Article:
As the nation and the world grapples with the fallout from the novel Coronavirus / COVID-19, individuals are responding with their own immediate action plans to maintain self preservation. It’s hard not to feel like we are living in a science fiction novel. In Seattle, where I live and work, the city has been effectively shut down for several weeks. It is a near ghost town.
It is an effect largely due to many white-collar organizations that have already instituted mandatory work-from-home policies for extended periods. If you live in a place where this reaction hasn’t occurred, get ready. This is the future of work, until further notice.
The situation reminds me of a quote that we at B+H refer to frequently:
“The future is already here - it is just not very evenly distributed.”
The quote is from prolific, and at times prophetic, science fiction writer William Gibson. In an interview with NPR in 2018, he was asked how he forecasts the future, to which he responded by saying, “What I do is point in the very general direction of the parts of where change is occurring… I am writing about an unthinkable presence using science fiction as a pair of oven mitts to handle contemporary reality that is - in fact - too much for most of us.”
Some organizations will operate as if no public health crisis exists, while others will struggle to function in their basic operations. Those that struggle will do so because they’ve been caught flat-footed in their ability to enact flexible working.
Building operational flexibility into a workplace strategy is something that nearly all of our clients want, yet few are fully committed to achieving it once they learn of the investments required in technology like remote access file sharing with adequate connection speed, laptops, and - more importantly – in flexible organizational culture. The technology piece of the puzzle certainly can be expensive, but in many respects it is much easier to tackle than changing culture.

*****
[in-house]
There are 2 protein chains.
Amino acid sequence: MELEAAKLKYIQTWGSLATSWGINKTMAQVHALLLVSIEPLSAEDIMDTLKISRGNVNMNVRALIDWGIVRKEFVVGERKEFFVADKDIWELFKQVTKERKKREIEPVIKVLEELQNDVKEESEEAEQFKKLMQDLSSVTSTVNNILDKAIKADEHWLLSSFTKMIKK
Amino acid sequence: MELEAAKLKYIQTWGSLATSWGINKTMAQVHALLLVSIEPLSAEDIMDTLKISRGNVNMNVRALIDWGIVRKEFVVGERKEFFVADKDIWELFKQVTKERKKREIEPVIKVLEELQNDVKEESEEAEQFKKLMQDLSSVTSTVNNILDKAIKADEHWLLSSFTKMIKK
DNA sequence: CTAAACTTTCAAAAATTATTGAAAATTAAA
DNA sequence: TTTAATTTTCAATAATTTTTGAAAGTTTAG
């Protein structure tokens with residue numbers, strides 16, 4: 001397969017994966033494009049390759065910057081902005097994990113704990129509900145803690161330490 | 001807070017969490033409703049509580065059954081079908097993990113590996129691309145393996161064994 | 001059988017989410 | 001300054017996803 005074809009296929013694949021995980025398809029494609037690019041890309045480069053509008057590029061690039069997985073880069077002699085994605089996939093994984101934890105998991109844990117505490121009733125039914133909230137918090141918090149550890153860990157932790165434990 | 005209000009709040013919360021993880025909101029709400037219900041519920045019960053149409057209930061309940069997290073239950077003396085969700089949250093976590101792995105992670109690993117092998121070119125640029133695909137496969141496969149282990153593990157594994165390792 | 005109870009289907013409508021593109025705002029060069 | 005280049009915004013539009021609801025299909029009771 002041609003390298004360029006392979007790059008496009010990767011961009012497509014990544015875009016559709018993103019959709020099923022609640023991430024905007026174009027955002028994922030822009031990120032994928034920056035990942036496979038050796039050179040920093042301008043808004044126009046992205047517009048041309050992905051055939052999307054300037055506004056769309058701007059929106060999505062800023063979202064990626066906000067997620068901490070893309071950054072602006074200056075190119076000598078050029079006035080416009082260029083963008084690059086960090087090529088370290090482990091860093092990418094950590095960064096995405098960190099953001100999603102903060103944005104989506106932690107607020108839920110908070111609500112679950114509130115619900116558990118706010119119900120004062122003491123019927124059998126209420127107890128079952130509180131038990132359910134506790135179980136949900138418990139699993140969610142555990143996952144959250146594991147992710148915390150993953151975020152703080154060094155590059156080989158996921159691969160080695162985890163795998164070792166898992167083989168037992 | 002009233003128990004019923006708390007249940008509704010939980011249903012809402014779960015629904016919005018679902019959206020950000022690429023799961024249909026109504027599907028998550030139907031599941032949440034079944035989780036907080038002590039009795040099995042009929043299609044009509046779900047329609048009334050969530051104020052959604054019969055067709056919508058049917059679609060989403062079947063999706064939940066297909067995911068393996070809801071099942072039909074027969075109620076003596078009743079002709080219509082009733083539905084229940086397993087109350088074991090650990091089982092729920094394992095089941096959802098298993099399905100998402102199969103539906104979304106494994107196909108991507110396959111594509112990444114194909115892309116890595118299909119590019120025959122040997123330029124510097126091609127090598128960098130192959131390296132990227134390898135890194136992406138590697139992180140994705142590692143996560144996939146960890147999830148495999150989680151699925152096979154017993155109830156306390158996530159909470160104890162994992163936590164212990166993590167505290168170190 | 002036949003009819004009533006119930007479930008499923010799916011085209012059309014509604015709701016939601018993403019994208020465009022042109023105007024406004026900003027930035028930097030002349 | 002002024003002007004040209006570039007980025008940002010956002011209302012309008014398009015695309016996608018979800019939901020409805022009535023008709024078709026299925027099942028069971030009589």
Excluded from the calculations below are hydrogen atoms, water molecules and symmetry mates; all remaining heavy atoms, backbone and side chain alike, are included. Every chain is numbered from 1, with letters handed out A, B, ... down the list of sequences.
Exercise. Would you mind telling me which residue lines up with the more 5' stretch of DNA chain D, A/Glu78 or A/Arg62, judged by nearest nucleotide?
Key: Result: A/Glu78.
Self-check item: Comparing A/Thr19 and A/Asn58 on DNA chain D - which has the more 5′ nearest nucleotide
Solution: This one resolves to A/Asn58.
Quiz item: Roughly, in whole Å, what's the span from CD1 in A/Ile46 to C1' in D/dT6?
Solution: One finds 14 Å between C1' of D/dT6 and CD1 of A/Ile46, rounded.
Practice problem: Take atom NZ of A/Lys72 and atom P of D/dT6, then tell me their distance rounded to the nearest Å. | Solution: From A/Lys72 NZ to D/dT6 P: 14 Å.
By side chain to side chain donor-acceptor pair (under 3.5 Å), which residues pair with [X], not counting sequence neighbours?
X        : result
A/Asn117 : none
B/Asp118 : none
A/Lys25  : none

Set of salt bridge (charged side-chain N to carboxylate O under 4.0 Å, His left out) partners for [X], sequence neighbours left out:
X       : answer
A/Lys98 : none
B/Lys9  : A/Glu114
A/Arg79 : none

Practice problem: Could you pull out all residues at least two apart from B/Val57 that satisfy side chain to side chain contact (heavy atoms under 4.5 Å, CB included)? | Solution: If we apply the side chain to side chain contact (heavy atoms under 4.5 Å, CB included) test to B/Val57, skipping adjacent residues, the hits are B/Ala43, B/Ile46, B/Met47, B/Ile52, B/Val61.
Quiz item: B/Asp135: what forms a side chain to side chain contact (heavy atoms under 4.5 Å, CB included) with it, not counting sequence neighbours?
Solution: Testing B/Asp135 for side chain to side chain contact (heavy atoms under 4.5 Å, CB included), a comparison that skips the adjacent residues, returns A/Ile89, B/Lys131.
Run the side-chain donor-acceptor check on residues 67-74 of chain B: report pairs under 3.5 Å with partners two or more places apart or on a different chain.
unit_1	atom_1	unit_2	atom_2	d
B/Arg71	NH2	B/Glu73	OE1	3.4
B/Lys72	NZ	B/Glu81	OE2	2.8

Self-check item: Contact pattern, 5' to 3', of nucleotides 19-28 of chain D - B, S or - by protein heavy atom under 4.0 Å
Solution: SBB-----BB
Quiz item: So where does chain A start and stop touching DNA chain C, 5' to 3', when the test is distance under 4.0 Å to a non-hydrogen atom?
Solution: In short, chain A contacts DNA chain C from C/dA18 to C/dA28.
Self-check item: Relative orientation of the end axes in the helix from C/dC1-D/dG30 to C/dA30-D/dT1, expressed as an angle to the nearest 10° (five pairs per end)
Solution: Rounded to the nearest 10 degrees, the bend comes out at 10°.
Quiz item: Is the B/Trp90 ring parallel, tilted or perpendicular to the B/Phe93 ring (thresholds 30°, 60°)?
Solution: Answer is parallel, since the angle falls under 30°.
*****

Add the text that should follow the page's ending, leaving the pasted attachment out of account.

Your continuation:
What do I mean by a flexible organizational culture? It is one that embraces outcomes over process, that tends to reward contributions from all levels of the organization over hierarchical position, sees work as ubiquitous rather than an activity to be observed, and builds a management structure that exists to support individual contributors rather than dictate to them.
When a physical office environment is set up to enable people to choose how they can be most productive rather than a place to monitor productivity, it not only makes the organization more innovative and successful, but it builds inherent cultural flexibility. It is something that easily translates outside of the walls of an office space.
Ultimately, it comes down to trust. Leaders must ask themselves, “How have I communicated in my language and with my actions that I trust the people who work for me to do their job effectively?” For some organizations, the answer to that question will be easier to answer. Their competitive advantage already exists and - in the future - will likely become more unevenly distributed. COVID-19 will accelerate that reality.
About the Author: Sara Benson is a Senior Strategist in the Seattle studio. In her career in consulting, Sara has advised some of the largest and well-known companies in the world in how to leverage their assets to elevate their strategic objectives. She is experienced in facilitating workshops, ethnographic studies, geographic analytics (GIS), building strategies and assessing complex topics through data analytics. She has worked across public, private and non-profit sectors.